How seasonal drought will affect Lake Muzayrib as a visitor destination?
Daraa – Halim Muhammad
Domestic tourists coming from different parts of Syria’s southern province of Daraa enjoyed sitting near the shores of Lake Muzayrib in April, the last month in which the levels of its freshwater are high.
Locals expect the lake will go dry in early May because farmers will start irrigating their summer crops from groundwater wells, which are indiscriminately and intensively scattered across fields surrounding the lake with no government control. These wells contribute to turning this beautiful lake into a swamp each summer and autumn, in addition to causing economic losses.
Groundwater depletion is a reality
After the Syrian revolution erupted in 2011, most areas in Daraa raged out of the control of the Syrian regime, which used to prevent drilling wells without prior permission from the Ministry of Irrigation.
Random wells negatively affected water bodies and underground springs. The wells led to a gradual decline in the lake’s water level until it dried up completely in the summer of 2017 and turned into a seasonal lake that dries out in summer and refloods in winter, but with lower water levels than before.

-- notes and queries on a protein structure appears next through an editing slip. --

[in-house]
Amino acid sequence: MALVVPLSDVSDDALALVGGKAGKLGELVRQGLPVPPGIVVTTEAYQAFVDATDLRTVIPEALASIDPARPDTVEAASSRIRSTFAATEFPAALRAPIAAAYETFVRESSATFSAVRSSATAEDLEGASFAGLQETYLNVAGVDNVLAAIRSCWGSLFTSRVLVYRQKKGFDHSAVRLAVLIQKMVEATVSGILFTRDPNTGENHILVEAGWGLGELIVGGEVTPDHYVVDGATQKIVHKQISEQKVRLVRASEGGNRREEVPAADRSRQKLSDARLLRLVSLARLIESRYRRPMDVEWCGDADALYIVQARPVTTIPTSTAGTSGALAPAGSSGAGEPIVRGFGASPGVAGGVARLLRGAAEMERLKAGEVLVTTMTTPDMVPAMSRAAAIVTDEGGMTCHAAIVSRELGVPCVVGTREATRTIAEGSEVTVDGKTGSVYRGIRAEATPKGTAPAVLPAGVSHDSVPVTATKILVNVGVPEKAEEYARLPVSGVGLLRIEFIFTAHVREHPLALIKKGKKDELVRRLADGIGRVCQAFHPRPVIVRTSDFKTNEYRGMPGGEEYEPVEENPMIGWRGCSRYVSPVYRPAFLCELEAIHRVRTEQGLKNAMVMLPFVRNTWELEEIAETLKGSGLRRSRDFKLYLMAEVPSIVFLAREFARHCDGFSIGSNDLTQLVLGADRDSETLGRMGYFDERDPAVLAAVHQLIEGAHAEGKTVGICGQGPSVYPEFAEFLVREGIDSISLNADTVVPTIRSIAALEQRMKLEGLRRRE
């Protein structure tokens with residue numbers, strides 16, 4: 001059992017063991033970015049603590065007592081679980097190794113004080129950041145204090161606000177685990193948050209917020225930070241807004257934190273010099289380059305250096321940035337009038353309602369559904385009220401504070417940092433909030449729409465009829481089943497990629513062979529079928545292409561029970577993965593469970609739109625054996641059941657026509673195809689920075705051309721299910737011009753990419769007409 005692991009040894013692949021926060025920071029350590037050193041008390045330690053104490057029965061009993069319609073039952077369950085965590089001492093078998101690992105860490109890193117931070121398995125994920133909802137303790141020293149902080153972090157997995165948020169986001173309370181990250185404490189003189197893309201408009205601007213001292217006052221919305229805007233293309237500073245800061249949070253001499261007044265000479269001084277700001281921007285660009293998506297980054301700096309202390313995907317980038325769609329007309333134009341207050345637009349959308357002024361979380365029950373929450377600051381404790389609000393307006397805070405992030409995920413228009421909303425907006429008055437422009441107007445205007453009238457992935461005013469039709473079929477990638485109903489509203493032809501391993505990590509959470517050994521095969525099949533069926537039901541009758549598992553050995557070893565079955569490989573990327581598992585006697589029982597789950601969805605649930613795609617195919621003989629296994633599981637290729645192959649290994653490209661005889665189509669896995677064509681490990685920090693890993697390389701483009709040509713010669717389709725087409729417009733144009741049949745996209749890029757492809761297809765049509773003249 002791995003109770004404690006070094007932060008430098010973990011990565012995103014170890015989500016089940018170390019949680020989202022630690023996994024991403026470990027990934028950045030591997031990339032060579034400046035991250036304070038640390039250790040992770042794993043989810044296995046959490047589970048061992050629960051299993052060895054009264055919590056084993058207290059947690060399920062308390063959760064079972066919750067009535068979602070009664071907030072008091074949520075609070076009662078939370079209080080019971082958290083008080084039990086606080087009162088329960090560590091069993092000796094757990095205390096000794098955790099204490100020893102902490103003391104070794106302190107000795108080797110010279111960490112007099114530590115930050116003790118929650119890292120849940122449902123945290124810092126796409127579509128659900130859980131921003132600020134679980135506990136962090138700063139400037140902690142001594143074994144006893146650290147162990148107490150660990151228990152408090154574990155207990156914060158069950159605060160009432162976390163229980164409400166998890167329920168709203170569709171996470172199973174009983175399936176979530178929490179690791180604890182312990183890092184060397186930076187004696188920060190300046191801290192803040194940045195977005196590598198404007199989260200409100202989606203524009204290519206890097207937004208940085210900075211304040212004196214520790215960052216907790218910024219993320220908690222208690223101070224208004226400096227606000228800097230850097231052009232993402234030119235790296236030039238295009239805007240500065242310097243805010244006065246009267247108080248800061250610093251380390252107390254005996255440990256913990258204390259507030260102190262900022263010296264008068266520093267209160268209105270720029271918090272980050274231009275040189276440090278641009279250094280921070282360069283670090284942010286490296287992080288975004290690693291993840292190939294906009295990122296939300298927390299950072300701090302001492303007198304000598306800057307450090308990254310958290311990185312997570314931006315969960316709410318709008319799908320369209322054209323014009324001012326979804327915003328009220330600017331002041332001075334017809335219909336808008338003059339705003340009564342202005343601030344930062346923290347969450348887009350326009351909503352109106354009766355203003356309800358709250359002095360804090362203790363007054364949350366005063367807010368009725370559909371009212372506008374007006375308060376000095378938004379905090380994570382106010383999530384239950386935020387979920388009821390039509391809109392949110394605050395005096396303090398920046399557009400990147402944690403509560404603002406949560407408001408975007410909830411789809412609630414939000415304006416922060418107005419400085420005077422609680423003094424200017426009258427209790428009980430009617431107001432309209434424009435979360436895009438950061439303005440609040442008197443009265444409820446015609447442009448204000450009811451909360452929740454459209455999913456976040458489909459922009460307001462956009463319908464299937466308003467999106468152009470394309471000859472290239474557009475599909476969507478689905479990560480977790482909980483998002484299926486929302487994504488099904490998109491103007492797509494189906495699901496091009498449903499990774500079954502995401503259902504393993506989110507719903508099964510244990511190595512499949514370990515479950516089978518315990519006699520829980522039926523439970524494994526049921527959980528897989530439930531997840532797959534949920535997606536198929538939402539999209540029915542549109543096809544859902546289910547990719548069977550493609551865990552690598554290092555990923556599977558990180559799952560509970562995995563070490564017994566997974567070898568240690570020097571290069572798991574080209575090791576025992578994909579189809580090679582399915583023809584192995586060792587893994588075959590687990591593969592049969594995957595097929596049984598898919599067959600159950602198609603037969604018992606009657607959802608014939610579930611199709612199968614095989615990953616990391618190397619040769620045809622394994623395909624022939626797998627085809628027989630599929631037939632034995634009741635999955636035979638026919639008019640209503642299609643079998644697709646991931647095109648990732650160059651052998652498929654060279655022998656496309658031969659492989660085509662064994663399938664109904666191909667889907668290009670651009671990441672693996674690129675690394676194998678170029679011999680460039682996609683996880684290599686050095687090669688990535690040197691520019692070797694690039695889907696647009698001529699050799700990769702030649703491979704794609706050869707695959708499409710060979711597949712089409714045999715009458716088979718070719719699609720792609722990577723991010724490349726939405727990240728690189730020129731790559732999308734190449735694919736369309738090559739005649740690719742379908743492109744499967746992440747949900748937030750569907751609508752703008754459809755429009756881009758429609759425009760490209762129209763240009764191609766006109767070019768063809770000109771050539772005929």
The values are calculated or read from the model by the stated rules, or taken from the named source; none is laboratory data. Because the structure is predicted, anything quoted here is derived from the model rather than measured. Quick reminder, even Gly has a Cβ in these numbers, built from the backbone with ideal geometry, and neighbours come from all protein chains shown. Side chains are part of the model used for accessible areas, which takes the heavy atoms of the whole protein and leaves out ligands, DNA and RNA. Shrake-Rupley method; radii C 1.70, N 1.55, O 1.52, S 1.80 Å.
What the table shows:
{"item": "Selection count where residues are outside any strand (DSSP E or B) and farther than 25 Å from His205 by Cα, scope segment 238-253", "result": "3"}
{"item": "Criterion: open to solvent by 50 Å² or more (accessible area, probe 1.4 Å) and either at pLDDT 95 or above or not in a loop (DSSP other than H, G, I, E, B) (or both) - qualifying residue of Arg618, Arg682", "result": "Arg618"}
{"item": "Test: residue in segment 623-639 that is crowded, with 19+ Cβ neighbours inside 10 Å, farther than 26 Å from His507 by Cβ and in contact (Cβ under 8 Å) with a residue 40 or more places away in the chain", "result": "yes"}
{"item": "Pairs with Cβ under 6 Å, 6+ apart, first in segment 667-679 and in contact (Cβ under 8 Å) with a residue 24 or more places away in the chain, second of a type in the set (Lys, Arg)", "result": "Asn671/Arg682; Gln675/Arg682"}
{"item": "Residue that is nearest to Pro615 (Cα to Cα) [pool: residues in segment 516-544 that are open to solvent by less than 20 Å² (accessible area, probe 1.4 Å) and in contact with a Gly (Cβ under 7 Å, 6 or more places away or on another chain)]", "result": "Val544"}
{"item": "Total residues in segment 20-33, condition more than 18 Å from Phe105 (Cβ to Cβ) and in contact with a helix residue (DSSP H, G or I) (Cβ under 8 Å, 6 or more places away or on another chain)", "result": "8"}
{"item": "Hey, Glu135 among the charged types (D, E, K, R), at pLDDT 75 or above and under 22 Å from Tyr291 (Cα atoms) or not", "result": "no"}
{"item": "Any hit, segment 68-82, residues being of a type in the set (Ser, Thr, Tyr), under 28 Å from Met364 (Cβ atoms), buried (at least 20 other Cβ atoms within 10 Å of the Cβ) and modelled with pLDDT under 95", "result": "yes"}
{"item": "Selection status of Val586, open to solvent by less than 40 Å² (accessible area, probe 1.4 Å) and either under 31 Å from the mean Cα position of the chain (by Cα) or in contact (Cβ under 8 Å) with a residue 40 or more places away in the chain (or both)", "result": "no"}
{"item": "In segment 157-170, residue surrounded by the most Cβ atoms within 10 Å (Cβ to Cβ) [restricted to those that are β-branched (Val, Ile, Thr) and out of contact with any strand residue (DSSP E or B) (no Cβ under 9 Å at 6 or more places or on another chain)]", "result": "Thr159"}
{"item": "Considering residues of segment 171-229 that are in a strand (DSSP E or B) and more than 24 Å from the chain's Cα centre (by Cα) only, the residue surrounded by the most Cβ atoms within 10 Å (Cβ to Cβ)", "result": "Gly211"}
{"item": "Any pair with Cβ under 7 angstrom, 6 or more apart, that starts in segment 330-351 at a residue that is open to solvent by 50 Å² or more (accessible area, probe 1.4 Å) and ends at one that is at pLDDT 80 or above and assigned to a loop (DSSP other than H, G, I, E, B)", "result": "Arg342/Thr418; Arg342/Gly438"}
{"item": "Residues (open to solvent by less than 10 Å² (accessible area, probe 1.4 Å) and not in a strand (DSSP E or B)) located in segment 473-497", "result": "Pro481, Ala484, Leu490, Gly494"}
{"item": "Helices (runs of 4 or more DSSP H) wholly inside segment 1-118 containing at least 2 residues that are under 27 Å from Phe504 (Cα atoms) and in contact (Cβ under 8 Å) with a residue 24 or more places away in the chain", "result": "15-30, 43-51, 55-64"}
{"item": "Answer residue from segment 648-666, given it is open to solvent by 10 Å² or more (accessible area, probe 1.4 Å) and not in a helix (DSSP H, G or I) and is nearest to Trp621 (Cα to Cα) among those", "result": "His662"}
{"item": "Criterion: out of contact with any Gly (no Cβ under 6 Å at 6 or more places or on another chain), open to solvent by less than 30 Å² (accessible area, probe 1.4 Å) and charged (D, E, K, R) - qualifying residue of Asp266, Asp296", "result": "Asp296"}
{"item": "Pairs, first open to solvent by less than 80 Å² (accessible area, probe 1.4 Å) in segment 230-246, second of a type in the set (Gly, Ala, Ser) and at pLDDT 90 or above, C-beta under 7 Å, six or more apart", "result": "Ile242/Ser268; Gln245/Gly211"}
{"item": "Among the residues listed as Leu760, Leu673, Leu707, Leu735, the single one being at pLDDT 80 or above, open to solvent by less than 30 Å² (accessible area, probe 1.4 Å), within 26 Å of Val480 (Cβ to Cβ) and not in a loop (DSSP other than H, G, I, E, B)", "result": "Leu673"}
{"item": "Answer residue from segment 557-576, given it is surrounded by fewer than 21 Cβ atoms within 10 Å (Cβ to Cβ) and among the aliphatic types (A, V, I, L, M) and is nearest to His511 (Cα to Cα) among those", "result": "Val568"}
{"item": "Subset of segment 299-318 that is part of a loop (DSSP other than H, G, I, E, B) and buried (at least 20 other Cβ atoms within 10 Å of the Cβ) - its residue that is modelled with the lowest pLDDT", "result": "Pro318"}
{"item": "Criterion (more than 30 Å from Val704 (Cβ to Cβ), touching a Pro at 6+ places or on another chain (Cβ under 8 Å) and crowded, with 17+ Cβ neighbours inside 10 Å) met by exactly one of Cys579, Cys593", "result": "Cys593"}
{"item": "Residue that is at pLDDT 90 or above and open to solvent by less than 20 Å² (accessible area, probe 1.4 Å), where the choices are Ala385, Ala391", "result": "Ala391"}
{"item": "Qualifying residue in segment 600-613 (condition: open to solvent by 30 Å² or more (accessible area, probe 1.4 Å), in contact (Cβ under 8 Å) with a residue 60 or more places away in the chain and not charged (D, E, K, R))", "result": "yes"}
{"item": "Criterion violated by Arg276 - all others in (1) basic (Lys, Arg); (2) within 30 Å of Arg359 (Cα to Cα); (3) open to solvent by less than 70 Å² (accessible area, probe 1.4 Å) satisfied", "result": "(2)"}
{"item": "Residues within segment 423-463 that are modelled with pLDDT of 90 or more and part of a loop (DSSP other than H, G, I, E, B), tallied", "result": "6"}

Refusing to mention his full name for security reasons, Abdul Karim, a former employee in the Irrigation Directorate, told Enab Baladi that the drilling of these wells has been random, causing a gradual decline in the groundwater levels, especially to the water veins and springs. Some have completely dried up.
Abdul Karim added that Lake Muzayrib provides water to the province of As-Suwayda, the city of Daraa, Daraa al-Balad, and al-Yadudah. Even though Lake Muzayrib was filled back up during winter, its water levels remained low.
“I anticipate that water pumping stations will not be able to operate due to the impact on the supply lines.”
The former employees of the Irrigation Directorate pointed out that previously people had to obtain a license first from the government to drill a well in order to determine its impacts on the groundwater reserves. However, nowadays, people are only looking for water channels (veins, faults, and aquifers) without considering the damage random drilling might cause to springs.
Abdul Karim said that the possible solution is to backfill random wells, particularly those surrounding the lake and springs.
He pointed out that because of the desiccation of Lake Muzayrib, the Water Resources Directorate started to search for alternatives to secure drinking water for the Daraa region and its surroundings from al-Ash’ari springs and Khirbet Ghazaleh wells, east of Daraa.
No alternative options
Withholding his last name for security reasons, farmer Ali decided to dig a well in his agricultural land in 2014. He relied on an “expert” man who used two olive branches to detect the underground water, the only method currently used in Daraa. “He drilled a well to a depth of 100 meters, and with an abundant water supply of 2 inches.”